Ever heard of Big Language? It’s a Big Data-affiliated term coined by customer experience management company SDL, to describe the challenge faced by the text analytics software community whose global customers want more in the way of supported languages.
“Text analytics is all about language, and the game is changing for translation,” says Brian Otis, vice president, Business Development, SDL Language Technologies. “If you look at all the user-generated content on the web, it’s not feasible to rely on human translation, even for many big companies. Machine language translation is the only economic and time-to-market and sane way to go.”
The vendor this week offers up its machine translation solution, SDL BeGlobal, as an integration option for text analytics software providers, so that they can keep up with more demands from global customers that want to understand what’s being said about them by customers in whatever language it’s being said, without busting their R&D budgets on fulfilling expectations for expanded language support.
Rather, Otis says, those dollars and in-house development resources should stay focused on refining capabilities to “extract the gold nuggets from the breadcrumbs on the ’Net and social media and data feeds.” Integrating with the SDL solution so that it front-ends their own software, he says, is a way for text analytics vendors to grow the number of languages they can support for their same algorithms more cost-effectively.
SDL BeGlobal currently supports some 40-plus languages, with over 80 language pairs. It can turn other languages into the one that the text analytics product natively consumes. Only about one-third of text analytics companies support more than one language now, Otis says, and that hurts when they want to gain new clients or better support existing customers that want a solution they can deploy globally, across languages. “It’s a hard problem,” he says. And it’s a better solution, he says, “to translate before ingesting to the language you ingest well, vs. changing your system to ingest more languages poorly.”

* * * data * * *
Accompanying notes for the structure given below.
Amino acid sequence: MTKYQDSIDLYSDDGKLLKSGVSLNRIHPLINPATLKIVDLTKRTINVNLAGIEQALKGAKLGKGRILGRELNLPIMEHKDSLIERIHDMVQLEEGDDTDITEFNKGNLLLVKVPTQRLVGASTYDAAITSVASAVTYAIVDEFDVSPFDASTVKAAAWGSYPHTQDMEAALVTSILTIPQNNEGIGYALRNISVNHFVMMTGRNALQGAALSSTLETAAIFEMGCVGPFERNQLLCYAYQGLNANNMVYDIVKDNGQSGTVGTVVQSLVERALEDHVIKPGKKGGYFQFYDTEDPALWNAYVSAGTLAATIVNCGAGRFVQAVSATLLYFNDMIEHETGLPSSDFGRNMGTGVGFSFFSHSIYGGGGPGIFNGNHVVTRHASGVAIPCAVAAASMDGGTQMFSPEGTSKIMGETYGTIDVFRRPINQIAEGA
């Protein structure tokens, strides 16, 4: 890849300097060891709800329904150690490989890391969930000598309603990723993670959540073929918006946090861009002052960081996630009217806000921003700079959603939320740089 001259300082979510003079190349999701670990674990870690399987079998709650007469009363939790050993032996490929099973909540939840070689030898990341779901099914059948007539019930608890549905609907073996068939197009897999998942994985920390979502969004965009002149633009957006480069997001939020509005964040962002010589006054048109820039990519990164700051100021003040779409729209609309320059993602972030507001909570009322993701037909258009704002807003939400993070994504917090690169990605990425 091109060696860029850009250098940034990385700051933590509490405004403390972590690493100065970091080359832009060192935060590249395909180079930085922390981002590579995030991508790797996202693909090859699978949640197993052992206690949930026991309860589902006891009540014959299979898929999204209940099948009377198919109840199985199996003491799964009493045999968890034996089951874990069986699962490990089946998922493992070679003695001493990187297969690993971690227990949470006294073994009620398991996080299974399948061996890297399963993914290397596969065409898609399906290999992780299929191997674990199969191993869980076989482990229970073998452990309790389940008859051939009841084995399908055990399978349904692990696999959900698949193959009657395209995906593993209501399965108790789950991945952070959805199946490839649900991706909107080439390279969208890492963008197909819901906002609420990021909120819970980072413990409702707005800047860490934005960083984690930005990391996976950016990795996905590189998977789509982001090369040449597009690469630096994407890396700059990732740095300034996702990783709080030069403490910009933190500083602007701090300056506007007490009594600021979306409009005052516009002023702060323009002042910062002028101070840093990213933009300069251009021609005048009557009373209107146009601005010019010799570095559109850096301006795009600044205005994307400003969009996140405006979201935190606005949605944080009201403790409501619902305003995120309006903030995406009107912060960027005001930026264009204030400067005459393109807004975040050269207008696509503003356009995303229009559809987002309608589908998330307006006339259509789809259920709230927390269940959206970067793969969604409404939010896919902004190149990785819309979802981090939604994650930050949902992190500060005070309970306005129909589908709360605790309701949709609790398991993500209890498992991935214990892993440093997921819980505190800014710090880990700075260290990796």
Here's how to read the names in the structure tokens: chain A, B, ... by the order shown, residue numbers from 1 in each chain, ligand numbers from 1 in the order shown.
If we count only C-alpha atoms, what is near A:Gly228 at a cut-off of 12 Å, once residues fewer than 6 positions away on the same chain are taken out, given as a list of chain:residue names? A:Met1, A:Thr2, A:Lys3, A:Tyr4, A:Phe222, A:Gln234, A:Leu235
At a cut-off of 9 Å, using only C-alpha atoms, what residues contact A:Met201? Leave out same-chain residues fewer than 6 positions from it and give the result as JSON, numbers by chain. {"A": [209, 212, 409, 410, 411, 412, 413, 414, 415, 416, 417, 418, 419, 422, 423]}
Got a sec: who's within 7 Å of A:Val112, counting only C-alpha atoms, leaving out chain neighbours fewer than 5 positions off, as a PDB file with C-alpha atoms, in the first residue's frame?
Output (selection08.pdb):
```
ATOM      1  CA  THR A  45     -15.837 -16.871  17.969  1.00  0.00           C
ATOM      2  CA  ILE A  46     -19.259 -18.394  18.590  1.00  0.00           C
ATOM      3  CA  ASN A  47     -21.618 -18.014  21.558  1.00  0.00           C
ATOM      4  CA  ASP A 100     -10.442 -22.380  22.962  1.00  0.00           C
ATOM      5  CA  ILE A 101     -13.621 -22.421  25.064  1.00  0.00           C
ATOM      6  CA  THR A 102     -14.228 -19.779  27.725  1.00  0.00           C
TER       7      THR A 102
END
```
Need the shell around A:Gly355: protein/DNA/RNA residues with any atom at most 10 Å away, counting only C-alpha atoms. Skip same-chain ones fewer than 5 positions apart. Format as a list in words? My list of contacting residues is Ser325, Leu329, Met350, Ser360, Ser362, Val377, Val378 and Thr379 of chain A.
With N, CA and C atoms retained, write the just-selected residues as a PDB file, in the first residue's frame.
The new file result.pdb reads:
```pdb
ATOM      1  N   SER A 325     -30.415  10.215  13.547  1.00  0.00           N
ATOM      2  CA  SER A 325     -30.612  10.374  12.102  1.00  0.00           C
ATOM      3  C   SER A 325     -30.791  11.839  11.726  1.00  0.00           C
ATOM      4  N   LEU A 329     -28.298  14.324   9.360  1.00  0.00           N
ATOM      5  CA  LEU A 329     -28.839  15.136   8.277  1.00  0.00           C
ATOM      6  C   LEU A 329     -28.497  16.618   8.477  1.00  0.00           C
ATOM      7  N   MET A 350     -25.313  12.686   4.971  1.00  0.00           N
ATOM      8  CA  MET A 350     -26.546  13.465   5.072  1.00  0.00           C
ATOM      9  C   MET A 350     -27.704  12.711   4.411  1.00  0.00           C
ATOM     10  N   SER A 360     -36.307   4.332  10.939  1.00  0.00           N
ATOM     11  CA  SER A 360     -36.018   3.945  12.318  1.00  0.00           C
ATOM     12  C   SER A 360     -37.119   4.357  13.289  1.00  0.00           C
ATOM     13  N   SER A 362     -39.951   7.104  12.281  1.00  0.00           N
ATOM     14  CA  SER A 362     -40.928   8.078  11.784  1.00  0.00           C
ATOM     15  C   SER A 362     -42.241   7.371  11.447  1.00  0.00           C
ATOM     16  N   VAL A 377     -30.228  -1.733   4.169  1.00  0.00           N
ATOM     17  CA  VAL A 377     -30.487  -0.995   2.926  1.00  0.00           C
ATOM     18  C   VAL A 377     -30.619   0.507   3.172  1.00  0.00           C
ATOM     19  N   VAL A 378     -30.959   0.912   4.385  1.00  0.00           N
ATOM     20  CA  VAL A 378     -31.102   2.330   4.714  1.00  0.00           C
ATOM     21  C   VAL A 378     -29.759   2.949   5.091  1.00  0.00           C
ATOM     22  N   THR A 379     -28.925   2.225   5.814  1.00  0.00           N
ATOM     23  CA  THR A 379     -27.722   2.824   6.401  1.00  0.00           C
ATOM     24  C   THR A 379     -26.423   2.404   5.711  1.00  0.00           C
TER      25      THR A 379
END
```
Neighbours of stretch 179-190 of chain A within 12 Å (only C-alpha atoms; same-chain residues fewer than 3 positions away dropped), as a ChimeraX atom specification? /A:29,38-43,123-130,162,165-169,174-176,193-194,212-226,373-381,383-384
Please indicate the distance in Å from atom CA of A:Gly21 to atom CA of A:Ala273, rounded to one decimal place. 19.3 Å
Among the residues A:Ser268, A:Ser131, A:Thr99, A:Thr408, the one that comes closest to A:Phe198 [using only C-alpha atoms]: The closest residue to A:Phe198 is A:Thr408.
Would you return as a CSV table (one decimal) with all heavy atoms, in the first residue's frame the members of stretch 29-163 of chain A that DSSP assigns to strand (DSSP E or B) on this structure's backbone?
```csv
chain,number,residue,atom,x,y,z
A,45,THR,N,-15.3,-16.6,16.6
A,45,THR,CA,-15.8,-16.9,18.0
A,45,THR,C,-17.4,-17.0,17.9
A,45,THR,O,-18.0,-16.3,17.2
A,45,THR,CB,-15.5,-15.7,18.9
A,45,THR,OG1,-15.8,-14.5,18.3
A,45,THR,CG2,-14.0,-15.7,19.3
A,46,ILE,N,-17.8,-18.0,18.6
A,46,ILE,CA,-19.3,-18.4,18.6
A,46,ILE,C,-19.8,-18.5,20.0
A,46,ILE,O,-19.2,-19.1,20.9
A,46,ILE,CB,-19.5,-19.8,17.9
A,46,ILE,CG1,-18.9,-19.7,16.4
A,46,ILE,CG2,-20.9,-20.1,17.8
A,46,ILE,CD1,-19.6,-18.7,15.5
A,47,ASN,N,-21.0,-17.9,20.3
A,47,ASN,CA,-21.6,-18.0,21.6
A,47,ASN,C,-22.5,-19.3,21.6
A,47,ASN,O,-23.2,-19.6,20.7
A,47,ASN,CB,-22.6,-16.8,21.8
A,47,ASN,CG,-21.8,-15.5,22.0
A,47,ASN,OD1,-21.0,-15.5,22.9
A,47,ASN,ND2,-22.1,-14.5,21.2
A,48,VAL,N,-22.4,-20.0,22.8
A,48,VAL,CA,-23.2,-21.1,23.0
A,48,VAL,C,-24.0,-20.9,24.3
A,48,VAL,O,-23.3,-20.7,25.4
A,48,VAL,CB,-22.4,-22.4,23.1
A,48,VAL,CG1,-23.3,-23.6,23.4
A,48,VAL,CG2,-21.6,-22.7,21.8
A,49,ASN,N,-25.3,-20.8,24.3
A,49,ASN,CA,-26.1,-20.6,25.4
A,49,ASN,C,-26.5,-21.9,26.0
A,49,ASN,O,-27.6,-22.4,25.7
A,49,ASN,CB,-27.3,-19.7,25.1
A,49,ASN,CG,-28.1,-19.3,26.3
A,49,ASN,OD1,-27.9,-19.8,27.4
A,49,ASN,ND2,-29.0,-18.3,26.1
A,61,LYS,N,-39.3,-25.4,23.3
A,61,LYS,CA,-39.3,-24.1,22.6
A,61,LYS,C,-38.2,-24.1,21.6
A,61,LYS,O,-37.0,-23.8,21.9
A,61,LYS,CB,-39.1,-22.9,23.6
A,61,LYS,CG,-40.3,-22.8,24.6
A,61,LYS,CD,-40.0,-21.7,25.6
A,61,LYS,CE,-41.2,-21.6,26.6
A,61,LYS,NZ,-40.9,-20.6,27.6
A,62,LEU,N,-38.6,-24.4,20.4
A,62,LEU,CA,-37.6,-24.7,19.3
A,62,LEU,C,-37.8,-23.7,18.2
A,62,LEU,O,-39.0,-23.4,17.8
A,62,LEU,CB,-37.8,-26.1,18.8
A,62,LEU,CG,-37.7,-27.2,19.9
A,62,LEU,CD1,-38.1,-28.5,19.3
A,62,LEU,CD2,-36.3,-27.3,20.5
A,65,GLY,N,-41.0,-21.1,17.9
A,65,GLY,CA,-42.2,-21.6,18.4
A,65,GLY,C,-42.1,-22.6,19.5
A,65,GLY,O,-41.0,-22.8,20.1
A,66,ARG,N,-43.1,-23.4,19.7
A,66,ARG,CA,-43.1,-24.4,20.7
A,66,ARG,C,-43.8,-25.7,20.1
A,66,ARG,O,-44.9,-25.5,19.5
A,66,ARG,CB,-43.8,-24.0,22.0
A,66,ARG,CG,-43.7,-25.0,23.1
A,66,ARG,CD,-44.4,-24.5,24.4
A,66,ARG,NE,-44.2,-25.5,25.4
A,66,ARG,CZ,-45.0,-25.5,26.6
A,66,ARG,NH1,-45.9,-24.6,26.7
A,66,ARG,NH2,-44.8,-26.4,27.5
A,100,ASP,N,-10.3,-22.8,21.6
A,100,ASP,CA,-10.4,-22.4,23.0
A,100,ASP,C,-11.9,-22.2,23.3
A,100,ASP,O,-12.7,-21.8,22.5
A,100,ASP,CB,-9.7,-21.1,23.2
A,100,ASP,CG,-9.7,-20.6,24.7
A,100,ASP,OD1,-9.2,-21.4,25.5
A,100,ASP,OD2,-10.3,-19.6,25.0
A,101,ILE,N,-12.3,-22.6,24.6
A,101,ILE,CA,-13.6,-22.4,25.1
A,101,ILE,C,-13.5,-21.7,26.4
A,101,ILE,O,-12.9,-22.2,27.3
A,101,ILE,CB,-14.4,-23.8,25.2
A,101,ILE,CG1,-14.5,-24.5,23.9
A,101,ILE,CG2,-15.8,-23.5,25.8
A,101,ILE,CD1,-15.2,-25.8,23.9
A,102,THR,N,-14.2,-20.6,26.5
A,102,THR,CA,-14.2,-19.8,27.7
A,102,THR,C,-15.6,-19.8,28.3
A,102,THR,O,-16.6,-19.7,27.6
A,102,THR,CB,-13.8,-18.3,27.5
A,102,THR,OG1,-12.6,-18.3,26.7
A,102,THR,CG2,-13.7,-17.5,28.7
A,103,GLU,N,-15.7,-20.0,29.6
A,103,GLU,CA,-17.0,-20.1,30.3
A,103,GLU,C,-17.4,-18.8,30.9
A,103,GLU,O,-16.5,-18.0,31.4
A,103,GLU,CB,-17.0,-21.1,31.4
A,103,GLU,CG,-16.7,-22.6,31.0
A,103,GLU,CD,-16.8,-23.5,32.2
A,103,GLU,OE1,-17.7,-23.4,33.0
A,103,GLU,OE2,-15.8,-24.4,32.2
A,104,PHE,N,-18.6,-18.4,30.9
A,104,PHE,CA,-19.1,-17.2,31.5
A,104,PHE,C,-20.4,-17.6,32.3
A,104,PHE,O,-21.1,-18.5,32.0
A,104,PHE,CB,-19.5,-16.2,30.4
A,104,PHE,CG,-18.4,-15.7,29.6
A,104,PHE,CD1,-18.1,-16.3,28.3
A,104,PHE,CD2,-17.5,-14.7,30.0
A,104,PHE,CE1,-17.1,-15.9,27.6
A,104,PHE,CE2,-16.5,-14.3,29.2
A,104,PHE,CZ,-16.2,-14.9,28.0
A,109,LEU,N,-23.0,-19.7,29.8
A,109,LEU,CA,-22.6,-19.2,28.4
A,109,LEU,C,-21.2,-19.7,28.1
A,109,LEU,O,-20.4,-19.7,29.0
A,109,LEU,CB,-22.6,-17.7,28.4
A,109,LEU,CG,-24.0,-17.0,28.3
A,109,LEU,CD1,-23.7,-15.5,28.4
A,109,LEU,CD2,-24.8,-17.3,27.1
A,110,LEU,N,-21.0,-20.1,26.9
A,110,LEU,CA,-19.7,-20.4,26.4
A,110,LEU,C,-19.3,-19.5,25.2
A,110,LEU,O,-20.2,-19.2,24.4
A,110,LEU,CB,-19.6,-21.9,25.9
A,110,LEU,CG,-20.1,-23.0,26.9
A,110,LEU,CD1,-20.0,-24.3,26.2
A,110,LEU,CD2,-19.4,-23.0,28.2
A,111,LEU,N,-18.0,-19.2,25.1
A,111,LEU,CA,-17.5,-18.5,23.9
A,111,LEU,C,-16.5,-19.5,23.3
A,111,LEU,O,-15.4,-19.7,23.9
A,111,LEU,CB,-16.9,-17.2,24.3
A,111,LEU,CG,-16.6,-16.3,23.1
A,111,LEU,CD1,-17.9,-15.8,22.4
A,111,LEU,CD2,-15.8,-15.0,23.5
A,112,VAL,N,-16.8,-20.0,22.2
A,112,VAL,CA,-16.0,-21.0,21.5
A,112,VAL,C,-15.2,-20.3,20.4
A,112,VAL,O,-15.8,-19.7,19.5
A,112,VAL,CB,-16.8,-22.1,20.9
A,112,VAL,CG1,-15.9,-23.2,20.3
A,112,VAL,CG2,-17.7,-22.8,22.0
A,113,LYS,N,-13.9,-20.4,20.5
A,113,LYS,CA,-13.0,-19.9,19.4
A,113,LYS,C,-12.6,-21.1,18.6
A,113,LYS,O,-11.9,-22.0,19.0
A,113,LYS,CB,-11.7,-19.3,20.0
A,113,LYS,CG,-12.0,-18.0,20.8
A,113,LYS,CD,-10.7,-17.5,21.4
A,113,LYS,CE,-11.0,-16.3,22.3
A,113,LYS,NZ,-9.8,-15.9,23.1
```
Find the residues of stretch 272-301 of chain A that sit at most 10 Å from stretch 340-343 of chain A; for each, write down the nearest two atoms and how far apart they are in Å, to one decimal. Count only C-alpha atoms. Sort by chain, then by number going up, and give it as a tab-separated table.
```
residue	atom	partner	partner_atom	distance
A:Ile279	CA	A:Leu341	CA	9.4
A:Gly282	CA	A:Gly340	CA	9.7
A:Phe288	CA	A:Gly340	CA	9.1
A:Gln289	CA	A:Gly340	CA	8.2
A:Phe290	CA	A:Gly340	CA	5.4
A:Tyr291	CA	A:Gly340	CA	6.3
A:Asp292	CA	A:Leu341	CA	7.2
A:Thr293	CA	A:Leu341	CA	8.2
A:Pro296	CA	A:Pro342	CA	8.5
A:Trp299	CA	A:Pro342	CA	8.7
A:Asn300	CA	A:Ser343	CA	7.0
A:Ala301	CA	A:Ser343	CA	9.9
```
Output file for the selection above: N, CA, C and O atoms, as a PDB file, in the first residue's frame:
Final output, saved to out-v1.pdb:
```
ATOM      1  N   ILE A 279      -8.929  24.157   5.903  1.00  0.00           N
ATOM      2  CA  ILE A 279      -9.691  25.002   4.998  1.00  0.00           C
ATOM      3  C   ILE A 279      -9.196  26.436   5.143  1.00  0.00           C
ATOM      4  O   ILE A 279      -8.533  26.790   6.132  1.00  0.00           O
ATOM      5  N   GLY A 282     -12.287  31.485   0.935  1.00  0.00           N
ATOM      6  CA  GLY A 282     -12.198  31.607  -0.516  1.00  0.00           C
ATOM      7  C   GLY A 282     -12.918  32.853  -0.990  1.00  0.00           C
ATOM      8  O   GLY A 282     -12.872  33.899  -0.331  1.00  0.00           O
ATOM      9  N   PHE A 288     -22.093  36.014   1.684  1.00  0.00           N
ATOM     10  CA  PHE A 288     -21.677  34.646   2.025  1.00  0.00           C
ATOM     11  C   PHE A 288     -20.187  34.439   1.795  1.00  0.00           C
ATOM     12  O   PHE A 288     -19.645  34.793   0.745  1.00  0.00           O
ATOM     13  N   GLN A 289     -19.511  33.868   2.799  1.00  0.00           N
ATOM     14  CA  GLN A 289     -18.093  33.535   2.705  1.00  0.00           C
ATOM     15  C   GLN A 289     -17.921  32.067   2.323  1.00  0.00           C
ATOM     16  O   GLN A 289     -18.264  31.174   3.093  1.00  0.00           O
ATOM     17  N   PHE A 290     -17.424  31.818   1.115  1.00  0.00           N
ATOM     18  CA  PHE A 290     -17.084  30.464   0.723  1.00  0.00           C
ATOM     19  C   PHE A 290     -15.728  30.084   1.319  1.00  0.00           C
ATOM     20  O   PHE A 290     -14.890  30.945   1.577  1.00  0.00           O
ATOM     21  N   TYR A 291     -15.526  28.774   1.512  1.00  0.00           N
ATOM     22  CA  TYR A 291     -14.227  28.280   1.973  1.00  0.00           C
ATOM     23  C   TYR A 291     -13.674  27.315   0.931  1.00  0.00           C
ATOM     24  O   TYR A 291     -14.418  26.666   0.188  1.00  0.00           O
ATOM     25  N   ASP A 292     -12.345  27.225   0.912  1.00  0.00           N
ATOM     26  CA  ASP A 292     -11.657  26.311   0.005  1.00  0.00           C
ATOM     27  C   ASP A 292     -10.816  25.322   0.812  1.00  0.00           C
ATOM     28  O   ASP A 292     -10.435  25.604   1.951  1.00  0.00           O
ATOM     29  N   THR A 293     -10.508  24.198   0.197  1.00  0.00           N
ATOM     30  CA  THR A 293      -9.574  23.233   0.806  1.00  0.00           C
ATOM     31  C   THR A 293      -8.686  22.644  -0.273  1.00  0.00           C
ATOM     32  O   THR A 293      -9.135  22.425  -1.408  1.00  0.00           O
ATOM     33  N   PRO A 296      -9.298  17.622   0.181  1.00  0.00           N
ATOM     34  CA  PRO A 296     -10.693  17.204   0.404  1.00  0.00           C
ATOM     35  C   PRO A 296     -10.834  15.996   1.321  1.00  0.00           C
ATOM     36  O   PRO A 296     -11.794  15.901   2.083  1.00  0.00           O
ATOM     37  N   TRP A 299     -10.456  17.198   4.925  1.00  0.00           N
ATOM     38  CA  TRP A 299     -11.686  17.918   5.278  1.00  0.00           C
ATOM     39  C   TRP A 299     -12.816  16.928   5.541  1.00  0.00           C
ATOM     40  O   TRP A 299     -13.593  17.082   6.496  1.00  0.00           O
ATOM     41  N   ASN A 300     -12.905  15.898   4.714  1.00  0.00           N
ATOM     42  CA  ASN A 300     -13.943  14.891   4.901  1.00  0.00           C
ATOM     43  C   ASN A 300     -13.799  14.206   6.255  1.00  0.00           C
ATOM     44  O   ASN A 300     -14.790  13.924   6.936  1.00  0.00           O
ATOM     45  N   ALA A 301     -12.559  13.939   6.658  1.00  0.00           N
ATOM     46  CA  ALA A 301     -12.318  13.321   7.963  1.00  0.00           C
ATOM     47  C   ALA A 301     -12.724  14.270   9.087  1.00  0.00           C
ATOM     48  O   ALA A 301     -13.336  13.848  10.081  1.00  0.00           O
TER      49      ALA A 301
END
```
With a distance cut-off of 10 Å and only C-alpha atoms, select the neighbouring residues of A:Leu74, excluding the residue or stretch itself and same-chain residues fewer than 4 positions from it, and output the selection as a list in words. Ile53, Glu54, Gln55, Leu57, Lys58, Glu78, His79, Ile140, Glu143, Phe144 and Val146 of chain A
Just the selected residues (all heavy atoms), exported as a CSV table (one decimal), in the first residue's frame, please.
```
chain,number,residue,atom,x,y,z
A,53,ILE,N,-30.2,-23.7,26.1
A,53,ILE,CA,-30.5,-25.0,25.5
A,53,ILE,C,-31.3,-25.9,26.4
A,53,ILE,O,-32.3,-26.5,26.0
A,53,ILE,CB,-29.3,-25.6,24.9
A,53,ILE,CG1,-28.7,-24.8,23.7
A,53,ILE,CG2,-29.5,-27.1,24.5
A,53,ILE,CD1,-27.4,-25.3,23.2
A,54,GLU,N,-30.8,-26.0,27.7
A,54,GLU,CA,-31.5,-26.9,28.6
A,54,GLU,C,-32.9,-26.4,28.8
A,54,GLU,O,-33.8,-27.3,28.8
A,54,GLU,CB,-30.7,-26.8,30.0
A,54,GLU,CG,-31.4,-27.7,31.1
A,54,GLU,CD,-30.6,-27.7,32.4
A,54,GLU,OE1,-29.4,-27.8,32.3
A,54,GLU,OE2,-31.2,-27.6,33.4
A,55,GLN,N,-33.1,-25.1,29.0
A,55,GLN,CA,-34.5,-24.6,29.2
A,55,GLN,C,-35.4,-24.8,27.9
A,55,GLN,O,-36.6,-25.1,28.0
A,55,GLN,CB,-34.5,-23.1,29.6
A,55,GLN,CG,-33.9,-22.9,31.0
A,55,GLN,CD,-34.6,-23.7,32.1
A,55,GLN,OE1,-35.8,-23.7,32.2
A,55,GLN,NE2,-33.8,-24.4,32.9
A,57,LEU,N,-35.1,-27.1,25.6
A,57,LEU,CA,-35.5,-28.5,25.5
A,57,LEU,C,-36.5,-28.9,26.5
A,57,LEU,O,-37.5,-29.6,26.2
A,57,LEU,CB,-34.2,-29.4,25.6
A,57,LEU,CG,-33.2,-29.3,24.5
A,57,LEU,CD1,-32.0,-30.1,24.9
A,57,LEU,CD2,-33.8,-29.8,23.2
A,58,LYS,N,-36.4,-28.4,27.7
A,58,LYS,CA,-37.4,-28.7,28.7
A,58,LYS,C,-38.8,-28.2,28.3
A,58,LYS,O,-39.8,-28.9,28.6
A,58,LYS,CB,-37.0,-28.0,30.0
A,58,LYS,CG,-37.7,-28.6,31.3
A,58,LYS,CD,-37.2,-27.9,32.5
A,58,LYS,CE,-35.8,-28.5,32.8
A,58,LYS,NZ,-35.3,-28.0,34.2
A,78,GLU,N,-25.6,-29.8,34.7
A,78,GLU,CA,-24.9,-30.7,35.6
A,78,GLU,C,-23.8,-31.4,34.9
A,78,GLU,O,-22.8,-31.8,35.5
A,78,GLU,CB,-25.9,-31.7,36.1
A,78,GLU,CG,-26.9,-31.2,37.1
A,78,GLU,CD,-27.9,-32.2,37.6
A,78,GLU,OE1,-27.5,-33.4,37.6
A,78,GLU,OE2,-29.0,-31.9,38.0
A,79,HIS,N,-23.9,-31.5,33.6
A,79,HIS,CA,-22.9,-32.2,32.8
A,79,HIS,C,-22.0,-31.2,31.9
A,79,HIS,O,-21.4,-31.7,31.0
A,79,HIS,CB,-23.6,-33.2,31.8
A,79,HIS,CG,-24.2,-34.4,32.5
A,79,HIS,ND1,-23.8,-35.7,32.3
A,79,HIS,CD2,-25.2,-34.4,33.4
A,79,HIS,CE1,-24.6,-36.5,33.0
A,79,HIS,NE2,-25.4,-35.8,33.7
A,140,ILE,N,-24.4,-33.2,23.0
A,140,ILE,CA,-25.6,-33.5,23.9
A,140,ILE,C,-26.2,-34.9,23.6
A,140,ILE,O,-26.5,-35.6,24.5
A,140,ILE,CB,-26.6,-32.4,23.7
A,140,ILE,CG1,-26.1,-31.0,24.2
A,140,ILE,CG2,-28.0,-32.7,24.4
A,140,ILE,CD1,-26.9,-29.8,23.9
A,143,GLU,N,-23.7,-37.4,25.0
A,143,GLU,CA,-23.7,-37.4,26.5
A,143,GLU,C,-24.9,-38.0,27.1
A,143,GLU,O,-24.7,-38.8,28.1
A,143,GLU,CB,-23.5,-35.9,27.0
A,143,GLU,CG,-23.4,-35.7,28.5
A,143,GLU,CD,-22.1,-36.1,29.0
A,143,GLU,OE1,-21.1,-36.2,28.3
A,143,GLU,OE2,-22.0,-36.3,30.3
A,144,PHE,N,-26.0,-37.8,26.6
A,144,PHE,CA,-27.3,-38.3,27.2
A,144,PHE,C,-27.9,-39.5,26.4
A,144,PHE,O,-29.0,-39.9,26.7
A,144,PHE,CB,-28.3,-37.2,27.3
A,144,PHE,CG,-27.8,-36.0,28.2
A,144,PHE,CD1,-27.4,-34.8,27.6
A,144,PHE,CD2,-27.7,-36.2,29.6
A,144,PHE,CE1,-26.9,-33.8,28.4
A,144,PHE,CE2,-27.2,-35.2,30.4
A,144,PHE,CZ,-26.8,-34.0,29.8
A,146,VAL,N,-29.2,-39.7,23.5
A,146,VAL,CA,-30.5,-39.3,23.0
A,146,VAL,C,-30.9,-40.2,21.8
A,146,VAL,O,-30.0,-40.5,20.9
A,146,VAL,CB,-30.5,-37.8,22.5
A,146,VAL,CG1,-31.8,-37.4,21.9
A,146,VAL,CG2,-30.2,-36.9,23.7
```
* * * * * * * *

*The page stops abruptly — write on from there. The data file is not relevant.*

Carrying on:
SDL acquired the technology behind SDL BeGlobal when it purchased the University of Southern California-incubated Language Weaver and its statistical machine translation software a couple of years ago. Language Weaver had a foothold in the government sector, but SDL recently has been focusing on bringing the technology to more commercial enterprises. It will do that first through text analytics companies who, he says, “want to evolve, create and expand their customer experience strategies. And the translation aspect is a key part of managing customers’ experiences.”
Text analytics vendors can access the technology as a SaaS solution, including easy to use APIs for integration, according to Otis. SDL also is building a developer portal for self-onboarding. “We are almost at a tipping point where supporting multiple languages has gone from a competitive differentiator to a mandate,” says Otis. “Our goal is to provide the highest-quality, fastest, easiest to access and best feature-function capabilities around translation engine – and be the ubiquitous translation engine on the planet.”
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